Camino - Day 9
Fabulous day today! 22K and I could have kept walking. Cutting out the front of my left hiking shoe has made all the difference in the world and for the first time since I started walking however many days ago, I could actually just walk with a natural step and simply enjoy the day, the walk, the countryside. Unimaginably good; I had forgotten what a normal gait felt like and I think I hit a walker's high.
We were off at 7:30 in the dark and very cold morning. Sun finally came over the horizon at about 9 but we had already put 7.5K behind us and were glad to feel a little of the chill begin to slide out of the day. Another beautiful, sparkling, sun-filled day, not a great deal of warmth in the sun but a beautiful light over the countryside. For the first couple of hours of the walk I could feel a number of muscles pull and twinge with some aches and pains but I have have been walking for the last week to protect my left foot and my lopsided gait has put pressure on muscles in my back and upper legs that aren't normally called on to be used this way. With a more normal step everything was trying to realign; I knew it was just a matter of walking it off and muscles and tendons would settled back into their normal, routine, painless gait, which of course is what happened and my aches and pains fled with the last of the night.
To continue with my thoughts of yesterday exploring the differences between Portugal and Spain, the one that was most immediately apparent to us was felt when we left well before sunrise. In Portugal the yellow arrows marking the trail are clear and painted in locations that are easily seen and they are very frequent, whereas in Spain they are far less numerous, not so noticeable and just feel much more hastily and thoughtlessly placed. We were really stumped in the dark this morning trying to find our way and walked up the exit ramp of a major expressway because of the ambiguous placement of an arrow before we realized how wrong we were and how dangerous our position was. At other points of the day we were like hunting dogs casting around for a scent of our quarry while we tried to find a sign.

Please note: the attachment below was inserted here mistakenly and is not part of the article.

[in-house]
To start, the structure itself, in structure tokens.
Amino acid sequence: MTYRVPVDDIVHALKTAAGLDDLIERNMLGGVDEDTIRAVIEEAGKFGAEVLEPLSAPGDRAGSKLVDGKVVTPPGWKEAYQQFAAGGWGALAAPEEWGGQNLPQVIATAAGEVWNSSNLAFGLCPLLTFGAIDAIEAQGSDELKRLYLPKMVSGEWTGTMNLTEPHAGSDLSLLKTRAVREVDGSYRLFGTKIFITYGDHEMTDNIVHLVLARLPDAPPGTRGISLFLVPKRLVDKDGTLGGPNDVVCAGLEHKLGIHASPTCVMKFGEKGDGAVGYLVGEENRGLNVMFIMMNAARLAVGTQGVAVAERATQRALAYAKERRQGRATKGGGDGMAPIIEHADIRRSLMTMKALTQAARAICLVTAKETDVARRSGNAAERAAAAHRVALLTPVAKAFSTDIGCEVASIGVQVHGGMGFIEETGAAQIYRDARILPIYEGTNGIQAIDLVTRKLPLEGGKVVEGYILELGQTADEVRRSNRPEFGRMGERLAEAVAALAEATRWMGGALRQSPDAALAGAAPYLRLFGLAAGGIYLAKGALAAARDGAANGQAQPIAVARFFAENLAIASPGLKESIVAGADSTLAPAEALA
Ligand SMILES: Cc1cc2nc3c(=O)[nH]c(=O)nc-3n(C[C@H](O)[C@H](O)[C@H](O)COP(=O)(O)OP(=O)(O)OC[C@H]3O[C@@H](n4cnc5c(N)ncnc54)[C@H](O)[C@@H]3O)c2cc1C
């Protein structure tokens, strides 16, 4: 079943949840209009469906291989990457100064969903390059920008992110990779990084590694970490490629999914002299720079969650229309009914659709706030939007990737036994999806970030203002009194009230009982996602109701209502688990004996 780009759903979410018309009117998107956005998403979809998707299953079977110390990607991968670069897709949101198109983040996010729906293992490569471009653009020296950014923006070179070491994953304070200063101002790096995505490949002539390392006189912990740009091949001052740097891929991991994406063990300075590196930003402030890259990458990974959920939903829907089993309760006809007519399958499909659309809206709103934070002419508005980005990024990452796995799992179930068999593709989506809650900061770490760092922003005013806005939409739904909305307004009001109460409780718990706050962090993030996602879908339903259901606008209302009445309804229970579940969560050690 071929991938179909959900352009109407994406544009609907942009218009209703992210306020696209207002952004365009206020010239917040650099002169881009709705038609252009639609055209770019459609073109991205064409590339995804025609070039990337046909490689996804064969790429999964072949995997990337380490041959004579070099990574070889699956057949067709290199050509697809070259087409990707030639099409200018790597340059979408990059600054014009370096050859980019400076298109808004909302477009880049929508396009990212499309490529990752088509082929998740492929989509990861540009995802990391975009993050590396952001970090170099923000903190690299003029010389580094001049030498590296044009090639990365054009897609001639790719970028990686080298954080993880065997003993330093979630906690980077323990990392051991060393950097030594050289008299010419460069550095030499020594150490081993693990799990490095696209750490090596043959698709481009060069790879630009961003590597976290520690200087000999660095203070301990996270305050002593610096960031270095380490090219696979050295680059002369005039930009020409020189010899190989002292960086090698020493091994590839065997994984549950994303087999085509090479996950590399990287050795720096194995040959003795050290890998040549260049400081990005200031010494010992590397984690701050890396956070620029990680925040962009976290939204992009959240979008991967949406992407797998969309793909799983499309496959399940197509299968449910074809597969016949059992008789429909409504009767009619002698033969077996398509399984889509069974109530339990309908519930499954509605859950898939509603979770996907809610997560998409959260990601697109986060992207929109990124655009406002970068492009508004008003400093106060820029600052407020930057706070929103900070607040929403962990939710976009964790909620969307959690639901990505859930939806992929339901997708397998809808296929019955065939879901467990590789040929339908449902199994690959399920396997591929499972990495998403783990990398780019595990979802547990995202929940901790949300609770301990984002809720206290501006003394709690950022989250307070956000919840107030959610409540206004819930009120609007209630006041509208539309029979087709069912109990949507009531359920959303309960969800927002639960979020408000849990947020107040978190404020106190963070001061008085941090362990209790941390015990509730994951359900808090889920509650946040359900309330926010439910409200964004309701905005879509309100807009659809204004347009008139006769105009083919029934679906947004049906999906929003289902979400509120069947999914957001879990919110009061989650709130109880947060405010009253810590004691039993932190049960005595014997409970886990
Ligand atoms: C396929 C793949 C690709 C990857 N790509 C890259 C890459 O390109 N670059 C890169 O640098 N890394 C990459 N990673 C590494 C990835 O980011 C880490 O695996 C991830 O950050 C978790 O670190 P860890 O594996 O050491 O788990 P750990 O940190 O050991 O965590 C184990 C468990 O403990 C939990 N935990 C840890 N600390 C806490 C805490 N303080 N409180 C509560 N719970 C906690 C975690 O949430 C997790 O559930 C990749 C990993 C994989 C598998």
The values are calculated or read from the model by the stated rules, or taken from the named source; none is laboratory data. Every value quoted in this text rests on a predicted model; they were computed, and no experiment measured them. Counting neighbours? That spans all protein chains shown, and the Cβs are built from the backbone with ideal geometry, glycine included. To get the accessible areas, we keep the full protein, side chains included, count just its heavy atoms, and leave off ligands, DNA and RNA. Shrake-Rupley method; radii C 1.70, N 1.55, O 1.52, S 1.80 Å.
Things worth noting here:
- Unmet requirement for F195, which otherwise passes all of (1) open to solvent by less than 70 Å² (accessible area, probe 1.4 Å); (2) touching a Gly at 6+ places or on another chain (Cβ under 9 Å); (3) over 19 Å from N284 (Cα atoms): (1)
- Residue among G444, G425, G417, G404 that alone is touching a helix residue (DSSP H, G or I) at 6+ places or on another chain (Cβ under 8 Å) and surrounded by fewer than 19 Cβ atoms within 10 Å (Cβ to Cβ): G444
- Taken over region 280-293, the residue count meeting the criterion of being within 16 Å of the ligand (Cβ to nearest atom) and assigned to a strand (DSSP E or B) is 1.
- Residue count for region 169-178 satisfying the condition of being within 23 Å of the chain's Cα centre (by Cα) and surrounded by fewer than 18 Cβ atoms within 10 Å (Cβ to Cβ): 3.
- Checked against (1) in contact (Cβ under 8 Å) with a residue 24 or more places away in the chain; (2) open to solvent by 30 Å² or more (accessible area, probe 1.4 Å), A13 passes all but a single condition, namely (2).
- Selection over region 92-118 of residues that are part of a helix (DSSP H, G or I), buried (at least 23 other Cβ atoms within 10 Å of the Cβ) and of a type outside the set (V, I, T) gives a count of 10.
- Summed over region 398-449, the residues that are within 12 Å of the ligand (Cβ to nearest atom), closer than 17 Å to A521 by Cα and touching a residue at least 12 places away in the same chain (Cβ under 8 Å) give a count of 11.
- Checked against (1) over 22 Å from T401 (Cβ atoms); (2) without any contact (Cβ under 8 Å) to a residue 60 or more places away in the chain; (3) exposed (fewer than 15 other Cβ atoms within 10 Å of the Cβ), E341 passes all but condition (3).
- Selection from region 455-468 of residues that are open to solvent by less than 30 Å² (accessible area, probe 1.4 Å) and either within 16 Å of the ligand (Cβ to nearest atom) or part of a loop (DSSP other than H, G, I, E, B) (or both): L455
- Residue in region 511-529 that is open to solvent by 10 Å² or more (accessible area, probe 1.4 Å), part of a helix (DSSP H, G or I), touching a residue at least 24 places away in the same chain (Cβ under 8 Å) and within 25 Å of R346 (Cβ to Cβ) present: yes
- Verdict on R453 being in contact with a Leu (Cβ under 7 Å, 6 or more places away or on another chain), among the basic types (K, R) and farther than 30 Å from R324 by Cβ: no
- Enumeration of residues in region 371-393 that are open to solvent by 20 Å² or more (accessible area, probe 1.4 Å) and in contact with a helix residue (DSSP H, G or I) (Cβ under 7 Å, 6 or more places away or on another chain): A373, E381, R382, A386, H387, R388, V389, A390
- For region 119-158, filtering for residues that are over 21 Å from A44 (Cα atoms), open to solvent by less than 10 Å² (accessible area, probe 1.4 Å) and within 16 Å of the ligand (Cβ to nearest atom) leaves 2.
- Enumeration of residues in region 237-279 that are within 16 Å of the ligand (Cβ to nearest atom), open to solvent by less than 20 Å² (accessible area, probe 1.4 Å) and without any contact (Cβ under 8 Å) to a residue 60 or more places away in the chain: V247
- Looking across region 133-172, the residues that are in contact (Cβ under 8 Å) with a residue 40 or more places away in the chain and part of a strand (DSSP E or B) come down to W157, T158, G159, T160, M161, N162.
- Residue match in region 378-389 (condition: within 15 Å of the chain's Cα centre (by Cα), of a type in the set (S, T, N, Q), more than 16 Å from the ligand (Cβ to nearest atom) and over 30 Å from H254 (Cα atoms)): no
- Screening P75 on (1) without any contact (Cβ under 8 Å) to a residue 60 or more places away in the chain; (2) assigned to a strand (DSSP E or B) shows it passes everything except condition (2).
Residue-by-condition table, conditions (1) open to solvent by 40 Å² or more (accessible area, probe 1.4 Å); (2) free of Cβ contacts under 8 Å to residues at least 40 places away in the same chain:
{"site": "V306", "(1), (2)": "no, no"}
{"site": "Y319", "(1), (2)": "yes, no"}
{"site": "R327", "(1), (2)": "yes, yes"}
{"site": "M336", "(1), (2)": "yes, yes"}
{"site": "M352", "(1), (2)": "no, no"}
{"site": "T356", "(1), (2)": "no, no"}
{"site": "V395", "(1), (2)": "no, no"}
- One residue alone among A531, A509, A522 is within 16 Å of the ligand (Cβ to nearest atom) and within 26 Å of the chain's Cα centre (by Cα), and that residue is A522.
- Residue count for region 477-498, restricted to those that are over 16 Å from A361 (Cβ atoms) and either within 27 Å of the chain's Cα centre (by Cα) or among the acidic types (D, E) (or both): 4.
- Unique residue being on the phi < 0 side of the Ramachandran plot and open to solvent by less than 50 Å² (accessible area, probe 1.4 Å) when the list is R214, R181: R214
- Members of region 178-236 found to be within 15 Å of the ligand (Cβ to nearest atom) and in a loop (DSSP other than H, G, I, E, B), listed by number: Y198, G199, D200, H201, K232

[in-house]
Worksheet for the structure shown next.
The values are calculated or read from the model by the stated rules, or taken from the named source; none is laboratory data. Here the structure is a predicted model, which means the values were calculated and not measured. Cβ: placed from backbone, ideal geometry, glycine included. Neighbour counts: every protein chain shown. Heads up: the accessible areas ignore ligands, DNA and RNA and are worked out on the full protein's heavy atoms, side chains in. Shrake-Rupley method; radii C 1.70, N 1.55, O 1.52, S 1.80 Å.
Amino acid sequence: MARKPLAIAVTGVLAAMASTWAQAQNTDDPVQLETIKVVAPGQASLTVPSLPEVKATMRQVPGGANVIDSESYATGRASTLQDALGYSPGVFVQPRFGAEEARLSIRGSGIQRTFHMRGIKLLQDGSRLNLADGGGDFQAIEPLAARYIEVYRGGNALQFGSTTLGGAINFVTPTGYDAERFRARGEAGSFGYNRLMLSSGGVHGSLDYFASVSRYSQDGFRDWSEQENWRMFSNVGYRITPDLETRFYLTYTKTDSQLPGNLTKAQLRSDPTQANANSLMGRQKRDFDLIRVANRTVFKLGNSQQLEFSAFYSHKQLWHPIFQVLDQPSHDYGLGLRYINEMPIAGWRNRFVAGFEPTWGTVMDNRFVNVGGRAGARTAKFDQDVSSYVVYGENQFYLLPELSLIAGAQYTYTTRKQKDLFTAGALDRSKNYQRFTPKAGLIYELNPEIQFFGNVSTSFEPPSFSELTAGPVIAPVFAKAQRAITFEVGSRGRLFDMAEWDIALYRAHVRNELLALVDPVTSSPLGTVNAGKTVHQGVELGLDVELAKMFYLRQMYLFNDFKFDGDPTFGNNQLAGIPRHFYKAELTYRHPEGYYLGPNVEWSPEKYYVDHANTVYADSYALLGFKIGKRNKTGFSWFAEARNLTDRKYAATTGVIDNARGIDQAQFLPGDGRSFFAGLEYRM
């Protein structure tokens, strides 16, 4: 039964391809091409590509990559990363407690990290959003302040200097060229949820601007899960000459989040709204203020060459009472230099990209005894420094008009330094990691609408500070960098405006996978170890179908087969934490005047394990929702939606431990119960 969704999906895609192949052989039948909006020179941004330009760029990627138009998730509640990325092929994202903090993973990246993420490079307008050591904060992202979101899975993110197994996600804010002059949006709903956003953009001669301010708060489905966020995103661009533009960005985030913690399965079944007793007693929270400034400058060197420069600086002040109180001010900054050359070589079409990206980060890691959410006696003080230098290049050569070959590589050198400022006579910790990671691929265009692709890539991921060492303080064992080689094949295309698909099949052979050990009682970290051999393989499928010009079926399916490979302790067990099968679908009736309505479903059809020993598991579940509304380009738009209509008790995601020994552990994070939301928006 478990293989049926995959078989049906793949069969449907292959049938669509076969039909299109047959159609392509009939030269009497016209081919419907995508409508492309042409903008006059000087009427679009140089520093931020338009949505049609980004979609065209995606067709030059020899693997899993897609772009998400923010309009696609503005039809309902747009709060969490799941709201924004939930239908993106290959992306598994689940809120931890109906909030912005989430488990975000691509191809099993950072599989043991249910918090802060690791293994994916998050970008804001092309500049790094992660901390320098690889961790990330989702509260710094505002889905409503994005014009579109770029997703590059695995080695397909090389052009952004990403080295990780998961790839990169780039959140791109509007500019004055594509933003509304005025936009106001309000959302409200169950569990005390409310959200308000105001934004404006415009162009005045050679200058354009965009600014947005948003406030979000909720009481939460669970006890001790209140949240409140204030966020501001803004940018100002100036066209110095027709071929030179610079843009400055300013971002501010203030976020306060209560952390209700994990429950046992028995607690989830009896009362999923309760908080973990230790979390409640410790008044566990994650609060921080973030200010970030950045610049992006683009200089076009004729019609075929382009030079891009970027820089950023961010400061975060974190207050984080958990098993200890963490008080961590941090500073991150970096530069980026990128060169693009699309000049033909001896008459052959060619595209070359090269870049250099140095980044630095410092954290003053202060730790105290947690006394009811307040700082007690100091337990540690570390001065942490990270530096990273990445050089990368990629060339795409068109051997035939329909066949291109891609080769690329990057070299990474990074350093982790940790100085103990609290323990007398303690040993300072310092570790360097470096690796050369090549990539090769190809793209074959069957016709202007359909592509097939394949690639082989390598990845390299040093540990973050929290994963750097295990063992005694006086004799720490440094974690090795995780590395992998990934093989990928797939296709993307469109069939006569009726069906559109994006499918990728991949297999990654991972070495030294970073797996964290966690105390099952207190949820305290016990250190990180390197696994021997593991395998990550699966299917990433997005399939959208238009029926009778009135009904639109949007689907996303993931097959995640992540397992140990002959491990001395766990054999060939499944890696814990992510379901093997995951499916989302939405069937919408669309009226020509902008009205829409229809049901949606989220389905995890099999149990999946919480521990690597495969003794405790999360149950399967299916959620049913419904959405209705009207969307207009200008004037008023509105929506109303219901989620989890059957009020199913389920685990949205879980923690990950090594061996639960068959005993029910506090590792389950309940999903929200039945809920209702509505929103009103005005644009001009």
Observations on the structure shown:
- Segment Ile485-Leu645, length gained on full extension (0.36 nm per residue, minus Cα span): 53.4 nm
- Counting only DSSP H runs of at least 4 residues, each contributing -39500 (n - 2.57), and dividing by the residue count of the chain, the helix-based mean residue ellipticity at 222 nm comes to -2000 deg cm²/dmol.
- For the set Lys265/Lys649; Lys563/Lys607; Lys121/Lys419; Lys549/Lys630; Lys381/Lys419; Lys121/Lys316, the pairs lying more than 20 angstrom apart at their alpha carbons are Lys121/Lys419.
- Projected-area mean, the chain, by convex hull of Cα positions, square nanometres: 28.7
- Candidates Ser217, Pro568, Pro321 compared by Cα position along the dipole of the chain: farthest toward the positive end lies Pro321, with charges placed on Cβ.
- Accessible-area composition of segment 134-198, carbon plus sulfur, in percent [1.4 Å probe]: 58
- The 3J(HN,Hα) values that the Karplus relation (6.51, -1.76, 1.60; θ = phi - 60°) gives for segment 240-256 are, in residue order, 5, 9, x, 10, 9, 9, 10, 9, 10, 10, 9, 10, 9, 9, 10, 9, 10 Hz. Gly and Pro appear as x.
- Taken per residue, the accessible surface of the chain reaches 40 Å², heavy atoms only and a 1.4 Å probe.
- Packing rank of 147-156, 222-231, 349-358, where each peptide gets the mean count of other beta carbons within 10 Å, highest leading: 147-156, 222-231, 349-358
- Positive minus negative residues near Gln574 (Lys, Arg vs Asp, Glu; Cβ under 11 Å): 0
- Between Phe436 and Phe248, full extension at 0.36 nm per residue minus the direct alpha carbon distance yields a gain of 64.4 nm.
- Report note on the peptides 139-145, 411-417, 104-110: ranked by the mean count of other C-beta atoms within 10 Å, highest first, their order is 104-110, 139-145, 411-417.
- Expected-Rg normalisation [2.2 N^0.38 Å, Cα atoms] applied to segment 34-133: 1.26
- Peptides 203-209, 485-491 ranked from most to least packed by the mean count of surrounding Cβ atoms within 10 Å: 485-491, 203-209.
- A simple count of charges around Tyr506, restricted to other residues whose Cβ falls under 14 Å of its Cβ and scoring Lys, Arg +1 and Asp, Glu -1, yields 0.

Having cast aspersions on the organization and maintenance of the Spanish camino, one huge thing in Spain's favour is the use of asphalt as a road-building material. As I have talked about a number of times, the cobblestones of which every single Portuguese road is made are uncomfortable and treacherous in the extreme, especially when wet. In Spain they are rarely if ever seen and all the roads and lanes that we have encountered are paved with asphalt. Particularly on climbs and descents, and we had two sets of hills to climb up and descend from in the course of today's walk, asphalt, while not necessarily comfortable to walk on is still infinitely preferable to cobblestones.
An additional and puzzling difference between the two countries, or at least the two region's that we have crossed is the number in Portugal and the absolute scarcity in Spain of orange and lemon trees. It seemed as if every house in Portugal with enough room in their yard had an orange and/or a lemon tree growing and simply covered with ripe fruit. In fact it was sad to see so many fruit lying on the ground and rotting under the trees. In Spain so far at least, the number of trees of either fruit that we have seen in the last two days could be counted on the fingers of two hands. The climate is the same, the topography is the same and yet masses of fruit in Portugal and virtually none in Spain. I'd love to know why.